Largest and richest of the cities of Thule, Quodeth is known by many names: City of Merchants, City of a Hundred Bridges, City of Beggars, City of a Thousand Sails, the Peacock City, City of Golden Morning, or simply the Gateway to Thule. All of these names are deserved in their own way, even if some require a little poetic license and others are given in irony. Quodeth is a place of lavish opulence and crushing poverty, jeweled towers and sprawling slums. No other city in Thule bustles with such commerce and industry; gold is the very life’s blood of Quodeth. But wherever gold flows freely, so too do crime and corruption, and this truth is the origin of the most famous sobriquet for Quodeth: The City of Thieves.

Quodeth’s great wealth begins with its advantageous location. The city stands on the shores of Sarvin Bay, where the mighty River Quosa meets the sea. This alone would make Quodeth an important port on the Atlantean Ocean, since wide harbors are somewhat rare along Thule’s mountainous coasts. Wide and deep, the Quosa in turn flows eighty miles to the Bay of Daggers in the eastern end of the Kalayan Sea, the great inland sea that commands the continent’s interior. From Quodeth, galleys can sail to Lomar, Droum, or even distant Ikath on the edge of Dhar Mesh—and ships from those cities can reach the open waters of the ocean by following the Quosa down to Quodeth.

The people of Quodeth are known throughout Thule as Quodethi. They are the largest and most numerous nation or tribe among the Kalay peoples. They are not tall, and have dark hair, dark eyes, and a deep bronze or honey-colored complexion. They are generally regarded as worldly, hardworking, and given to flowery speech and exaggerated politeness.
When irritated, Quodethi can veil vicious barbs in the guise of polite phrases. Among the noble class, this cloaked repartee is elevated to an art form.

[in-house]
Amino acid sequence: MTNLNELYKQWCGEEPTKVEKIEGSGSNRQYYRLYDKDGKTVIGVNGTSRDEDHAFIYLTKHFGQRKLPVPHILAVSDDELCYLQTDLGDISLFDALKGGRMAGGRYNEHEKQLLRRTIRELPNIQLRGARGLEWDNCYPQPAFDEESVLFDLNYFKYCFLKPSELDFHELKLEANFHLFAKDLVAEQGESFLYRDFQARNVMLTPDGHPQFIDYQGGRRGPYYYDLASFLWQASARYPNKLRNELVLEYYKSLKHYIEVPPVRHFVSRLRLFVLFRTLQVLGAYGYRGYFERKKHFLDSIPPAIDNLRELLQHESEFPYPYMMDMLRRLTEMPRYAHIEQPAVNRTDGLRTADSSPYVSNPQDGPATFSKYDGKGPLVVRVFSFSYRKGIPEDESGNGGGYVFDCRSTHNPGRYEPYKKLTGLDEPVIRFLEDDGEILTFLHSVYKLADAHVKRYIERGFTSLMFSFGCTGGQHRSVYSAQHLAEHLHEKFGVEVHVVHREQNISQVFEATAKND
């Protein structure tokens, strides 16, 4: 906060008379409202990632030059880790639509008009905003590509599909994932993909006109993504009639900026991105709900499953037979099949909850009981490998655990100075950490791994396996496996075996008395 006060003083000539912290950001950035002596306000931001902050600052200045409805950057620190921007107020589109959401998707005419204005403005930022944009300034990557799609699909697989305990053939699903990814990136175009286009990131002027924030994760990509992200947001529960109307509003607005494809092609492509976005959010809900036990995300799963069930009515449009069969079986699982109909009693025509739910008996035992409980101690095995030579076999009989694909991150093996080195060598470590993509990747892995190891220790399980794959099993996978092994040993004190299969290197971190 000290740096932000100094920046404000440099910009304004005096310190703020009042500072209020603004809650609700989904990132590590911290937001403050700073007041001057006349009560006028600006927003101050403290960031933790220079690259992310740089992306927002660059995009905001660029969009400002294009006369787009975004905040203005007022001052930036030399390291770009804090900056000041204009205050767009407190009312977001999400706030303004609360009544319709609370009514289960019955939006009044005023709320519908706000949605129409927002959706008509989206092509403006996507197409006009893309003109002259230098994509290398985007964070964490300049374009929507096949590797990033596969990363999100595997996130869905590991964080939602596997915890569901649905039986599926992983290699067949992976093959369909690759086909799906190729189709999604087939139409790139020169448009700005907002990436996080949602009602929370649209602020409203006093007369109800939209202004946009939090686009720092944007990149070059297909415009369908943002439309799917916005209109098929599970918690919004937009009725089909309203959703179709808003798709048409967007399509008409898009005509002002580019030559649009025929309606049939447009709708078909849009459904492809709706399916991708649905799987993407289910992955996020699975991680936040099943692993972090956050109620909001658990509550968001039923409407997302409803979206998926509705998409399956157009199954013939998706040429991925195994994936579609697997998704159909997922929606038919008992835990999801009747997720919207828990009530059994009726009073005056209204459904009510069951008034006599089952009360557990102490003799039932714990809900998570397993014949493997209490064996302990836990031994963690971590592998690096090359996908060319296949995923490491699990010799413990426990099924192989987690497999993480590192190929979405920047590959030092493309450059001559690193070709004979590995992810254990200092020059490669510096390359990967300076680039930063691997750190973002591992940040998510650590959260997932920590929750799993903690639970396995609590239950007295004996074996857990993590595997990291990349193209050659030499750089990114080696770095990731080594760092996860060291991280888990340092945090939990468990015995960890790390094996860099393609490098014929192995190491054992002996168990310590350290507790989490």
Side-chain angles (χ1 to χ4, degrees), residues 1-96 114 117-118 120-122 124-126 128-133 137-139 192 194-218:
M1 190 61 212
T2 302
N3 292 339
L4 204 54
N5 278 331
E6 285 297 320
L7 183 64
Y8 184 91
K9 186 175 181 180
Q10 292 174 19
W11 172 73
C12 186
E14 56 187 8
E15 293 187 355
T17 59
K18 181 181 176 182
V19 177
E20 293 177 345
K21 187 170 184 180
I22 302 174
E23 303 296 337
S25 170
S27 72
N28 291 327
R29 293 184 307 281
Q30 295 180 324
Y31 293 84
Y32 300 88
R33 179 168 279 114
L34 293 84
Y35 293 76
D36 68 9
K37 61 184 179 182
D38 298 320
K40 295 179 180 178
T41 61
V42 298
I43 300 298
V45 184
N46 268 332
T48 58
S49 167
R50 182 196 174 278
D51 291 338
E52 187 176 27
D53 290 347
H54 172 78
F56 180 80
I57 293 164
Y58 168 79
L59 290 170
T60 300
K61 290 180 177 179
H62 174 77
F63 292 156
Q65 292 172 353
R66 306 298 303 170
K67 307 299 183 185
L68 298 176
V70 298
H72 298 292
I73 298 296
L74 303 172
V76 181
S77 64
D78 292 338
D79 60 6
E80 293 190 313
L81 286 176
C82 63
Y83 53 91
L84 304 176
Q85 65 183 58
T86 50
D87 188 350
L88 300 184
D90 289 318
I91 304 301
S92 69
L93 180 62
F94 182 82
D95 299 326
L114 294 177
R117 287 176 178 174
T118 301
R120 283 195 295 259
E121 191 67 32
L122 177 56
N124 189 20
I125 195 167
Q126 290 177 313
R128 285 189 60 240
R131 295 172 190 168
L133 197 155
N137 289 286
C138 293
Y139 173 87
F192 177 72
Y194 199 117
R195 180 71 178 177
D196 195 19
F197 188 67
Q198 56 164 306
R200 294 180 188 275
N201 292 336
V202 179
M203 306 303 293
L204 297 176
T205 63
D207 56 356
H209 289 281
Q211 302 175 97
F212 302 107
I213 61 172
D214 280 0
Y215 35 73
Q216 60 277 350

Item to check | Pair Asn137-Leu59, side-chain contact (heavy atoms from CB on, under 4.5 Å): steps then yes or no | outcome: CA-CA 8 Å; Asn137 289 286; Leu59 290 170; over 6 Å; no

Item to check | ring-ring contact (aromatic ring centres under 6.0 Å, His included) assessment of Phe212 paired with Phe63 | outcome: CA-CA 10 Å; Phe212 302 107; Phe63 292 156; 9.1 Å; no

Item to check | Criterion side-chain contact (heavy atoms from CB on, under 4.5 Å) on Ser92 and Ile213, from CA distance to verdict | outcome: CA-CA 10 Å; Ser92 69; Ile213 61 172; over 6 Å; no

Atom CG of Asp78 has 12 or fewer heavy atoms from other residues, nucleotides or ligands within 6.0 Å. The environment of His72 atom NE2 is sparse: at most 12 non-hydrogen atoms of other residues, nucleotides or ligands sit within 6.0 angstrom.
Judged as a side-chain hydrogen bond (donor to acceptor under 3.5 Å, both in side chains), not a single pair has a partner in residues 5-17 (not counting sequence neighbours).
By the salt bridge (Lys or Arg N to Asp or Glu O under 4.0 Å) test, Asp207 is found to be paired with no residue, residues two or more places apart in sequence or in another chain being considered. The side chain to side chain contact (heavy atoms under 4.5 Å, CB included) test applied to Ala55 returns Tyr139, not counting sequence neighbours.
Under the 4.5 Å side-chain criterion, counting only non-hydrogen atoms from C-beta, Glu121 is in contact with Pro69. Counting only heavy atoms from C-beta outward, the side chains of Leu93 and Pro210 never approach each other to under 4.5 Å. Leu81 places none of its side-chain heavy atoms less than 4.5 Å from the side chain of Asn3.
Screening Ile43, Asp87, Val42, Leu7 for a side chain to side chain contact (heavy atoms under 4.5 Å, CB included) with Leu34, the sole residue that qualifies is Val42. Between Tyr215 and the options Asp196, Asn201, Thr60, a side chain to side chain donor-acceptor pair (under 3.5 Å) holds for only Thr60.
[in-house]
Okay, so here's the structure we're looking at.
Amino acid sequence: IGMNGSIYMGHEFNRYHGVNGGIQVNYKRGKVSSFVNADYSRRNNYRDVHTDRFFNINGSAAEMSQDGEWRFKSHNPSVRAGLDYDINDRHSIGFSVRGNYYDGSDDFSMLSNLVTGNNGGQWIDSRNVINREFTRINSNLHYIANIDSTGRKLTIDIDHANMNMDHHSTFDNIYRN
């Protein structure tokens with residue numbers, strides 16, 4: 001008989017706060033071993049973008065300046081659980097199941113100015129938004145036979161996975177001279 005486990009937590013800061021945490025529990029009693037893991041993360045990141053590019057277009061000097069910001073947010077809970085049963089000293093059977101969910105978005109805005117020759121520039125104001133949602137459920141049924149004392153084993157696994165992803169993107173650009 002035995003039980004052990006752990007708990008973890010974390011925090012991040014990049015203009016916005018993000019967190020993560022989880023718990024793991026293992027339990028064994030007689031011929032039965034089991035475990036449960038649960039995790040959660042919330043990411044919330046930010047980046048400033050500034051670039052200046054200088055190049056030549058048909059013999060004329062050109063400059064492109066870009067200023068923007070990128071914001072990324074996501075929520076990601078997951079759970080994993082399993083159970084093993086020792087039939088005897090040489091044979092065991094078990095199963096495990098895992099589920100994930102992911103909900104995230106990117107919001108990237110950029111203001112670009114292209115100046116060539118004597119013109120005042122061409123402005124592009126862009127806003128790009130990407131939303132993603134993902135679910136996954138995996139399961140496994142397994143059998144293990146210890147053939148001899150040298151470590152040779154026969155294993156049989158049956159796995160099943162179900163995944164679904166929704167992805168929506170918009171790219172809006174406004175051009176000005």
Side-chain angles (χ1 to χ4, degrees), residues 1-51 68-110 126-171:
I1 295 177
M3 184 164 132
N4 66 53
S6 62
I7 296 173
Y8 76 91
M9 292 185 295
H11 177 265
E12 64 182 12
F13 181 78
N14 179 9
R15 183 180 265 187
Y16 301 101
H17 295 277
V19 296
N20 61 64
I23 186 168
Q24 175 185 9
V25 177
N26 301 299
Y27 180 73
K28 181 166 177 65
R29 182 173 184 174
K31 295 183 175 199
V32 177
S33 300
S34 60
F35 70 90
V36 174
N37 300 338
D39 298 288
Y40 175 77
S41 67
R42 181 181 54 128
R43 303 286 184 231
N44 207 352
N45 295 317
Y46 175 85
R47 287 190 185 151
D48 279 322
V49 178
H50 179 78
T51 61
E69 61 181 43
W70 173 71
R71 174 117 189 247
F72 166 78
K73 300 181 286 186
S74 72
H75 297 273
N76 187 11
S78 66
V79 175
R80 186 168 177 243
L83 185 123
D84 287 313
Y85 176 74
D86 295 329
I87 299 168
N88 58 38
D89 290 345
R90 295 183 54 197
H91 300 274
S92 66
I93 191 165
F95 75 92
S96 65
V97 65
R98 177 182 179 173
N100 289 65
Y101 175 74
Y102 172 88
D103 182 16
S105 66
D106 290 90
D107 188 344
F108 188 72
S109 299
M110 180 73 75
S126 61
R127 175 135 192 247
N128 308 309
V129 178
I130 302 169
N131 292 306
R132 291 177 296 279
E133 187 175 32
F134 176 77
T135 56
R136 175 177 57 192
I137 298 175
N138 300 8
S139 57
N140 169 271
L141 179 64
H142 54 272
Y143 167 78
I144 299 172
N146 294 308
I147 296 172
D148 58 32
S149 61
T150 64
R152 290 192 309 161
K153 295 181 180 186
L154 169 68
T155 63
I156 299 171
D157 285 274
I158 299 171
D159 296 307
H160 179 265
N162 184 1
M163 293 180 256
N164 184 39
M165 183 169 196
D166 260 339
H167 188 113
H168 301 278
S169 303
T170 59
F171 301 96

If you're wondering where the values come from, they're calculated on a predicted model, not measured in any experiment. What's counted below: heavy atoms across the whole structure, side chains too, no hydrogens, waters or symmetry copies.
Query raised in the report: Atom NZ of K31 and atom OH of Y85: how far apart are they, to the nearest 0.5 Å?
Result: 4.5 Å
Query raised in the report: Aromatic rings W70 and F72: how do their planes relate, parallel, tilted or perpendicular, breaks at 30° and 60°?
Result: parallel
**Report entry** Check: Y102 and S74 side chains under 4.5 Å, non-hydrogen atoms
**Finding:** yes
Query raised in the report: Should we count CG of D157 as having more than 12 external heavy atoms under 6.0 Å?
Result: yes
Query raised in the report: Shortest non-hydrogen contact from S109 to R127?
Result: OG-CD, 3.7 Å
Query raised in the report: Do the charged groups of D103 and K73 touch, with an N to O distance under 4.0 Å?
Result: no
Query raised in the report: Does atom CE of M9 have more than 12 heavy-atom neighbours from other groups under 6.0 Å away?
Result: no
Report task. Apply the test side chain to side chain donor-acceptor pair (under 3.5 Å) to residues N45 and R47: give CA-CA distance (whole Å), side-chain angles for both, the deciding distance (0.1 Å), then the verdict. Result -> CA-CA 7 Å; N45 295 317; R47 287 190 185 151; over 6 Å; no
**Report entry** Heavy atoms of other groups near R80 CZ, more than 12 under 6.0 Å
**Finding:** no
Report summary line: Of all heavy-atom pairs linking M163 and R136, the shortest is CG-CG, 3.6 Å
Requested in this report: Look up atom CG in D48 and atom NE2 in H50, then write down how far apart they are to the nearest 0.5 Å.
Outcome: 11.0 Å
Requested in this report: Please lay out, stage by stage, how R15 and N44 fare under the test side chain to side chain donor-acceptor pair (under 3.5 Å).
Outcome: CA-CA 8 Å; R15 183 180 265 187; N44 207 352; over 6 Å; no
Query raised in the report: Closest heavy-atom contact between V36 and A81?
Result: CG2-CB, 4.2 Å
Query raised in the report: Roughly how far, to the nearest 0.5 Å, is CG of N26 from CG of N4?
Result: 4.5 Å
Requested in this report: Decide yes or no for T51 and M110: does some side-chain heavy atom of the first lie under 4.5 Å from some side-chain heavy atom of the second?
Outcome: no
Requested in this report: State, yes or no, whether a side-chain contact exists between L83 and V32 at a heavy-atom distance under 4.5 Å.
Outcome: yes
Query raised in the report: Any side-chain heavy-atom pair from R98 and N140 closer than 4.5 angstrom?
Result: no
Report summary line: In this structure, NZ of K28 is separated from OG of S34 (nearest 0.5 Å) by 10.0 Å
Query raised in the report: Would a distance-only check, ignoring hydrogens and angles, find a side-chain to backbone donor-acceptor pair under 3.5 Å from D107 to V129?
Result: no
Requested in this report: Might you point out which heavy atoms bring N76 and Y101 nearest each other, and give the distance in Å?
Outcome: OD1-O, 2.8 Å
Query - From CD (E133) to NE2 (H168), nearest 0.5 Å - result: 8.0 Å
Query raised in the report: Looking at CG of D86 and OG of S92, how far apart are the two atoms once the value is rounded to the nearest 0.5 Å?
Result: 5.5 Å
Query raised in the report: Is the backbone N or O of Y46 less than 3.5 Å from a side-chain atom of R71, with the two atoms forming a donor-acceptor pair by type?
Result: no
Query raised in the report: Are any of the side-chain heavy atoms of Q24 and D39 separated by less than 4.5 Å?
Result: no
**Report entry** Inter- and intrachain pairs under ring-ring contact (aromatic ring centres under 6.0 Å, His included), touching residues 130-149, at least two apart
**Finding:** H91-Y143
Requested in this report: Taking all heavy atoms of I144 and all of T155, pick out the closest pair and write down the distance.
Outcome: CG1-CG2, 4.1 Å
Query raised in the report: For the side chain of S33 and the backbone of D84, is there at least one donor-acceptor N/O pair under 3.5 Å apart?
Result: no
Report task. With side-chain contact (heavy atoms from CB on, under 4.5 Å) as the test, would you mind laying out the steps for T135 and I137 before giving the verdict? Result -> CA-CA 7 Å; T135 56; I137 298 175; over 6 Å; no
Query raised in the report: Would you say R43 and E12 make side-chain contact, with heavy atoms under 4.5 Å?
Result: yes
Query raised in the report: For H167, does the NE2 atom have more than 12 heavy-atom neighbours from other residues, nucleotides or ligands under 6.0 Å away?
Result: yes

As one might expect, Kalays make up the vast majority of the city’s population. However, the city’s status as a bustling market for trade from many distant realms means that quite a large number of foreigners wind up living in Quodeth.

Even without control of the waterway between the Kalayan Sea and the Atlantean Ocean, Quodeth would be a rich and prosperous city. Its economy stands on four great pillars: grain, silk, metalworking, and shipbuilding. Quodeth produces more flour, textiles, metal goods, and ships than any other city in Thule.

Quodeth’s soldiers patrol the city’s neighborhoods to prevent riots, arson, and unchecked banditry in the streets. These patrols are somewhat infrequent and stick to the better neighborhoods, since the authorities don’t really care what goes on in the poorer quarters. When patrolling soldiers happen to encounter serious crimes in progress, they intervene, but few criminals indeed are stupid enough to commit their crimes in the plain sight of the Peacock Throne.

A far more effective police system is administered by the city’s gangs and guilds, who have a vested interest in protecting their territory from the depredations of rival gangs. They keep a careful eye on crime within their territory, and do not hesitate to administer swift (and usually lethal) justice on non-guildmembers who try to prey on “their” ground.

The traditional symbol of rulership over Quodeth is the Peacock Throne. In ancient times, the city’s monarch wielded absolute power over the city, and therefore the edicts and judgments rendered from the throne were beyond question. Over the centuries, the kings and queens of Quodeth took less interest in administering their domain and turned over the more tedious duties to a court full of advisors and officials. These panjandrums typically performed their offices “in the name of the Peacock Throne,” and were understood to be acting on the monarch’s command, even when the monarch was personally unaware of their specific activities.


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